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Voter Outreach

Voter Outreach

Concepts, strategies and objectives to move voters to action

Written by Peter Grear Educate, Organize and Mobilize: Each week over the past several months I’ve written about various aspects of voter suppression with the purpose of explaining its concepts,…

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Keatts A Keeper For New-Look Seahawks

Keatts A Keeper For New-Look Seahawks

New Head Men’s Basketball Coach was all smiles

New Head Men’s Basketball Coach was all smiles at Trask Coliseum. WILMINGTON, NC – Boldly proclaiming, “I’m a winner,” and promising “an exciting brand of basketball” newly-christened UNCW head men’s basketball coach Kevin Keatts said Tuesday that a new day in Seahawk basketball has arrived.

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Lied-to Children More Likely to Cheat and Lie

Lied-to Children More Likely to Cheat and Lie

The study tested 186 children ages 3 to 7

The study tested 186 children ages 3 to 7 in a temptation-resistance paradigm. Approximately half of the children were lied to by an experimenter, who said there was “a huge bowl of candy in the next room” but quickly confessed this was just a ruse to get the child to come play a game. 

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Unconscious Mind Can Detect a Liar When Conscious Mind Fails

Unconscious Mind Can Detect a Liar When Conscious Mind Fails

The unconscious mind could catch a liar

“We set out to test whether the unconscious mind could catch a liar – even when the conscious mind failed,” says ten Brinke. Along with Berkeley-Haas Assistant Professor Dana R. Carney, lead author ten Brinke and Dayna Stimson (BS 2013, Psychology), hypothesized that these seemingly paradoxical findings may be accounted for by unconscious mental processes.

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Alliance of North Carolina Black Elected Officials: Educate, Organize, and Mobilize

Alliance of North Carolina Black Elected Officials: Educate, Organize, and Mobilize

North Carolina Alliance of Black Elected Officials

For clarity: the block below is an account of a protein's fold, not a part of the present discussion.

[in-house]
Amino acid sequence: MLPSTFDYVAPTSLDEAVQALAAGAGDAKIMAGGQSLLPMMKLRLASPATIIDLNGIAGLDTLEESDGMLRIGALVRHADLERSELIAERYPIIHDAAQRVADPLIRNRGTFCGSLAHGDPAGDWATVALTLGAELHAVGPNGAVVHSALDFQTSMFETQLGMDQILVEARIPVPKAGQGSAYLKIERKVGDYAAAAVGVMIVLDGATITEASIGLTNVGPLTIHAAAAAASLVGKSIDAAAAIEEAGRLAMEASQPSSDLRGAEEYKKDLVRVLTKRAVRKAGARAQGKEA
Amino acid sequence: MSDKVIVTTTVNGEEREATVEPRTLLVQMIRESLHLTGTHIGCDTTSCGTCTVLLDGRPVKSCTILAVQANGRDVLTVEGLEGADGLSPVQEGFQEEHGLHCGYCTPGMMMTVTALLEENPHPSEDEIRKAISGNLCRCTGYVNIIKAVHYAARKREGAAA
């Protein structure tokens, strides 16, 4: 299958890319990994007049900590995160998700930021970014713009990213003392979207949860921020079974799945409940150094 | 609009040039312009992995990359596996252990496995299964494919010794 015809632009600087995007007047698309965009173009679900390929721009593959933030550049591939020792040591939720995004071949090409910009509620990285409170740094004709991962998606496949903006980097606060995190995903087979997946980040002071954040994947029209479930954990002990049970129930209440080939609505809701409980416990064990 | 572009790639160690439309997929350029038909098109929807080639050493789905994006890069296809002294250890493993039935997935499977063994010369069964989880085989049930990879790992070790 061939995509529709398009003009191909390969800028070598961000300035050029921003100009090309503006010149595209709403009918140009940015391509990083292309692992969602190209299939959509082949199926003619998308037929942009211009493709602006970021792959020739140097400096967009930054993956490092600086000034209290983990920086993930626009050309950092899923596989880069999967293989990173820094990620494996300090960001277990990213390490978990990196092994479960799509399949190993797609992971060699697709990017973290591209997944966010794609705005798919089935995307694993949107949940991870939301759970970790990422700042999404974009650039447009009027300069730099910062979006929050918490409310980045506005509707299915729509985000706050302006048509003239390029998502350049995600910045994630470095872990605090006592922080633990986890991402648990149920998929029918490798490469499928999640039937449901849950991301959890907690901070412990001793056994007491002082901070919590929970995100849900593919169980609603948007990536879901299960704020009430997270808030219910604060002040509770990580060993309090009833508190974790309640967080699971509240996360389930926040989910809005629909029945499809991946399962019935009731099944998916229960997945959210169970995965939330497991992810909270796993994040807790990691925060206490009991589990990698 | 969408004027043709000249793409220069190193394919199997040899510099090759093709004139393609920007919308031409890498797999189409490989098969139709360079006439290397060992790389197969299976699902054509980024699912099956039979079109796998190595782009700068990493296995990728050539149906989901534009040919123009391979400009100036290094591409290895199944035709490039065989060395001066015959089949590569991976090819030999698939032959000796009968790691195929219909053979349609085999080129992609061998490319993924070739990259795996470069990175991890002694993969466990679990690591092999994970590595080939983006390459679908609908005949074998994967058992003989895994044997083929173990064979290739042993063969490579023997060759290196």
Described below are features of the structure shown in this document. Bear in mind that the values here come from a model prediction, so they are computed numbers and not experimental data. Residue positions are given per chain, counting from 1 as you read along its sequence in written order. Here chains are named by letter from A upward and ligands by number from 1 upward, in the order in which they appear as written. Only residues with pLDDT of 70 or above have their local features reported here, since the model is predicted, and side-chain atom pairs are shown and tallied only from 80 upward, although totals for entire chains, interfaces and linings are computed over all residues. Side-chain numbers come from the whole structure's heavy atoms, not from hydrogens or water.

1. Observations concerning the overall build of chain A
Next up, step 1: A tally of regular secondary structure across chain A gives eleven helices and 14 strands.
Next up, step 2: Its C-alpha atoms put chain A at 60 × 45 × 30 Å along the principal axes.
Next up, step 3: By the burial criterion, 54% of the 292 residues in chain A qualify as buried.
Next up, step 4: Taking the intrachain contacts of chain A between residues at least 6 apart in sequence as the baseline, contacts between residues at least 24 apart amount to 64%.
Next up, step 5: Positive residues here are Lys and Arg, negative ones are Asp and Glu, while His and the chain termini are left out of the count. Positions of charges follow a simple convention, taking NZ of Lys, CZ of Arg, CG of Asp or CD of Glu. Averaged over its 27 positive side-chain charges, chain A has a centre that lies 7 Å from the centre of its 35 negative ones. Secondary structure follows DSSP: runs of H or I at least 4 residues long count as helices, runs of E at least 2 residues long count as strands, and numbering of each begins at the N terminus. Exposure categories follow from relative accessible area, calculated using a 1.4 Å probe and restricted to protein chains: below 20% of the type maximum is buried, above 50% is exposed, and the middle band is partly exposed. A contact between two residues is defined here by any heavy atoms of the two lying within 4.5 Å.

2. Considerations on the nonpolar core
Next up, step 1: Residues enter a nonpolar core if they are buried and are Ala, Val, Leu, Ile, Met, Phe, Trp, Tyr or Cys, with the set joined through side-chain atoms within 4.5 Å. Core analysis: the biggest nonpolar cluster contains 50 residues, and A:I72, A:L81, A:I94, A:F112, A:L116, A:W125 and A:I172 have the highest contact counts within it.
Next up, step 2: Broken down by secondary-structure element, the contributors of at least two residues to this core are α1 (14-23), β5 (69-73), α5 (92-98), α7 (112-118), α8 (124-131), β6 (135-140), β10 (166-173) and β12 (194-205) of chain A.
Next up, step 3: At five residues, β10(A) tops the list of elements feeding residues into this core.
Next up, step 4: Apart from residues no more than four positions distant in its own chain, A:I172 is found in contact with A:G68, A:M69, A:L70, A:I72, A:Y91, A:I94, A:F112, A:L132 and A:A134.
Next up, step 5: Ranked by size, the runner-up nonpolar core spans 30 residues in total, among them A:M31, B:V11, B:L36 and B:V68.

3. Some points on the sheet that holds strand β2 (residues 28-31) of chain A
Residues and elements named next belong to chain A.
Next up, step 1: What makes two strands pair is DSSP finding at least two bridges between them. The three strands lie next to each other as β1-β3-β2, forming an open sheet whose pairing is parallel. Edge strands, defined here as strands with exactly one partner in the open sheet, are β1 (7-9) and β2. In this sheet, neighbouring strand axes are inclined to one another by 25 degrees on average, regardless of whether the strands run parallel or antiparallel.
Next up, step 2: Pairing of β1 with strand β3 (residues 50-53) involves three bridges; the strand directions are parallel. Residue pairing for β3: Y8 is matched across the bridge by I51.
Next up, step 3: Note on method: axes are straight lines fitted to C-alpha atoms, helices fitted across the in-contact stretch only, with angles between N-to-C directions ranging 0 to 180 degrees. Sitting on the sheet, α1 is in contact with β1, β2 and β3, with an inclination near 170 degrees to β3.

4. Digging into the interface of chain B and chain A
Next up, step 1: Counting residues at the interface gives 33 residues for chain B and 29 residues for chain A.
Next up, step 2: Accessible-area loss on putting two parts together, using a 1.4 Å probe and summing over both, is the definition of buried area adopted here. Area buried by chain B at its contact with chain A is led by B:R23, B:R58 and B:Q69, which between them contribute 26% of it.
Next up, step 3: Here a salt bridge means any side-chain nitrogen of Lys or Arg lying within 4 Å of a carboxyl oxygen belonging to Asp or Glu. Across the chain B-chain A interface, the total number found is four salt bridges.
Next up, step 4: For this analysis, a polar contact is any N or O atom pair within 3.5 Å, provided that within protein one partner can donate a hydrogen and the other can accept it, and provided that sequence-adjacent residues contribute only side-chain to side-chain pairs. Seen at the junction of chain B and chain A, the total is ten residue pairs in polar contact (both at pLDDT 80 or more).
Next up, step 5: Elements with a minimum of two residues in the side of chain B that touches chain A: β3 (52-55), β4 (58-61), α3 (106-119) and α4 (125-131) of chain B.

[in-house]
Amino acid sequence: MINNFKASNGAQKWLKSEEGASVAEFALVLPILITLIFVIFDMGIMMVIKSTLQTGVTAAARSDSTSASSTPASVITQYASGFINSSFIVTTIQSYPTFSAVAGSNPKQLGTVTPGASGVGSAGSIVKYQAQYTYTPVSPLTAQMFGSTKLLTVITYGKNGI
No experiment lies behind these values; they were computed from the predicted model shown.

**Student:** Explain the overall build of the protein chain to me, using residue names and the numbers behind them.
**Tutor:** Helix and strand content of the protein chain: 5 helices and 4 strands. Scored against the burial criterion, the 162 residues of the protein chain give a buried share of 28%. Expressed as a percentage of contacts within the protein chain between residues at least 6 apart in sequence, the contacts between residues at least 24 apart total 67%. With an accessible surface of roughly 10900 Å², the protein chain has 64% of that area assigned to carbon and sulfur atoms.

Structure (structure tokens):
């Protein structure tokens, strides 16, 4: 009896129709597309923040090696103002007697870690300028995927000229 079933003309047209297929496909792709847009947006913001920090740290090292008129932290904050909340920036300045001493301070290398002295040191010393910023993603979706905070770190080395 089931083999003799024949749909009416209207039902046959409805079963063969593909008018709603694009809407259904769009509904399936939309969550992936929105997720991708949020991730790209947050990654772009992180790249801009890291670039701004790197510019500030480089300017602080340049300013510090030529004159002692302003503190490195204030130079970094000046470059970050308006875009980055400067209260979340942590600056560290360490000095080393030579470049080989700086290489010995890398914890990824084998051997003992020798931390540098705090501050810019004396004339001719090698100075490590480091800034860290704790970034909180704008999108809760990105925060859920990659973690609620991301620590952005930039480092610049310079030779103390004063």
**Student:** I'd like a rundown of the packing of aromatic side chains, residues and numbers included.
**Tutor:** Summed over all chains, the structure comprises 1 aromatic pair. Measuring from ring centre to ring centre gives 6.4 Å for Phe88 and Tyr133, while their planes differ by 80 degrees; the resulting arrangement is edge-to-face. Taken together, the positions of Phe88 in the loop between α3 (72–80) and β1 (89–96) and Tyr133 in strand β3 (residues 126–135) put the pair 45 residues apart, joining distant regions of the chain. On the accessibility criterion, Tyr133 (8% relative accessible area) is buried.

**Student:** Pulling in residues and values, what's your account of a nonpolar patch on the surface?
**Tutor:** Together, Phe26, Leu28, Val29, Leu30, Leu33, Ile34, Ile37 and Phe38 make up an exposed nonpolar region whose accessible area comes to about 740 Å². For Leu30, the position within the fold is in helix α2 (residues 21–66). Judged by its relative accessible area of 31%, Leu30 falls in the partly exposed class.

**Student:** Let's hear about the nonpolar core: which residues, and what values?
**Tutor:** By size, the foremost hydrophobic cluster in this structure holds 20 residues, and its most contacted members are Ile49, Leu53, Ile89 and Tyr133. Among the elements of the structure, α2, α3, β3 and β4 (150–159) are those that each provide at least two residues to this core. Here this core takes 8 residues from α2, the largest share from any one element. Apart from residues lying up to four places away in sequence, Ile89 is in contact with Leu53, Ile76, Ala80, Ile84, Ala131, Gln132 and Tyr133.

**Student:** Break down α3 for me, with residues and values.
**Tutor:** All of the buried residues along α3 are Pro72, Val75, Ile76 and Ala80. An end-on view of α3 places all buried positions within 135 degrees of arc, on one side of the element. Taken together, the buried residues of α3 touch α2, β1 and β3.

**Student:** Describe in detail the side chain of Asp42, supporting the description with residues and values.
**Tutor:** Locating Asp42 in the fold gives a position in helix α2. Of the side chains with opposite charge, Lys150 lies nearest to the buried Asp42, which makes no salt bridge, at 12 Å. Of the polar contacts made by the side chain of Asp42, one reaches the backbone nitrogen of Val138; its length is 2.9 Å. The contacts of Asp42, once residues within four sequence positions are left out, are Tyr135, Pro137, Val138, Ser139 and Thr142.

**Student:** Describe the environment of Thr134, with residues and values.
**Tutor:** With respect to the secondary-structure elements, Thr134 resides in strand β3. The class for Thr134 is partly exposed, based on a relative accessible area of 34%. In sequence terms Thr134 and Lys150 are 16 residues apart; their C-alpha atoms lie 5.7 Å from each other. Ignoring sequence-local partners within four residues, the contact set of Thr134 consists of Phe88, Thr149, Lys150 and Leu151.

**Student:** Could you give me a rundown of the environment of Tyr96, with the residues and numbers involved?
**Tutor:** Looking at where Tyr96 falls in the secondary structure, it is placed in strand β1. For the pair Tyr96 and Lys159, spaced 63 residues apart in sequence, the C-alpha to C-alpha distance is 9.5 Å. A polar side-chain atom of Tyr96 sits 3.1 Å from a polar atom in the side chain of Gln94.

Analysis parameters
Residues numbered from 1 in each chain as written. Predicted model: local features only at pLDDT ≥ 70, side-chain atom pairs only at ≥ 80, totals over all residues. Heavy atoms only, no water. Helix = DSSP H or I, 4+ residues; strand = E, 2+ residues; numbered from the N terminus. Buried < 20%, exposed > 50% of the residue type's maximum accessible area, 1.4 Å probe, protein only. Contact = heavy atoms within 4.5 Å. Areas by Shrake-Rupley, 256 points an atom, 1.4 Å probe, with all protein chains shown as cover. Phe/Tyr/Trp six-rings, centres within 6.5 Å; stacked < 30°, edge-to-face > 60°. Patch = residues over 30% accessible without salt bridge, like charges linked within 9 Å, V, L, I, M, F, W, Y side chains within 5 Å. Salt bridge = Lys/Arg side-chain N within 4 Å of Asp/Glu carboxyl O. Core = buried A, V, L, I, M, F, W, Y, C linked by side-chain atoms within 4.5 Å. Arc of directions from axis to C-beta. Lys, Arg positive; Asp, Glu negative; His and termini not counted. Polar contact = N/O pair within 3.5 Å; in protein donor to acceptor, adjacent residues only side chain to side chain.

Written by Peter Grear, Esq.  Since August 2013 I've continued to ask myself "what would an effective campaign to defeat voter suppression look like?” Well, on Friday, February 14, 2014, Valentine's Day, I got my answer from Richard Hooker, President of the…

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Download Greater Diversity News Digital PDF Edition for FREE

Download Greater Diversity News Digital PDF Edition for FREE

FREE Full PDF Edition includes stories not featured on the website

The FREE Full PDF Edition includes stories not featured on the website. No paper, no hasel, read on your laptop or mobile devices. 

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Frontpage Slideshow | Copyright © 2006-2011 JoomlaWorks Ltd.

Breast Cancer Takes Heavier Toll on Black Women

Written by Maya Rhodan on 15 October 2012.

WASHINGTON (NNPA) – When Kimberly Higginbotham was 23 years old, she received some devastating news. It was January. Higginbotham was in her last year of graduate school for physical therapy at Howard University, but she wasn’t feeling the same excitement as her peers. Instead, she was worried about the lump she had found in her breast.

After she found it, she began showing everyone she knew. She showed her mother. She showed her instructor in her physical therapy program.  Even her boyfriend noticed as he went in for a hug and felt something between them.

Everyone told her the same thing: go to a doctor. Though she had just seen her gynecologist a month earlier, she took their advice.

“It’s probably not cancer, wait until your next period to see if it goes away,” she was told. If it went away, she would be fine. If it didn’t, she would need a surgeon to perform a biopsy.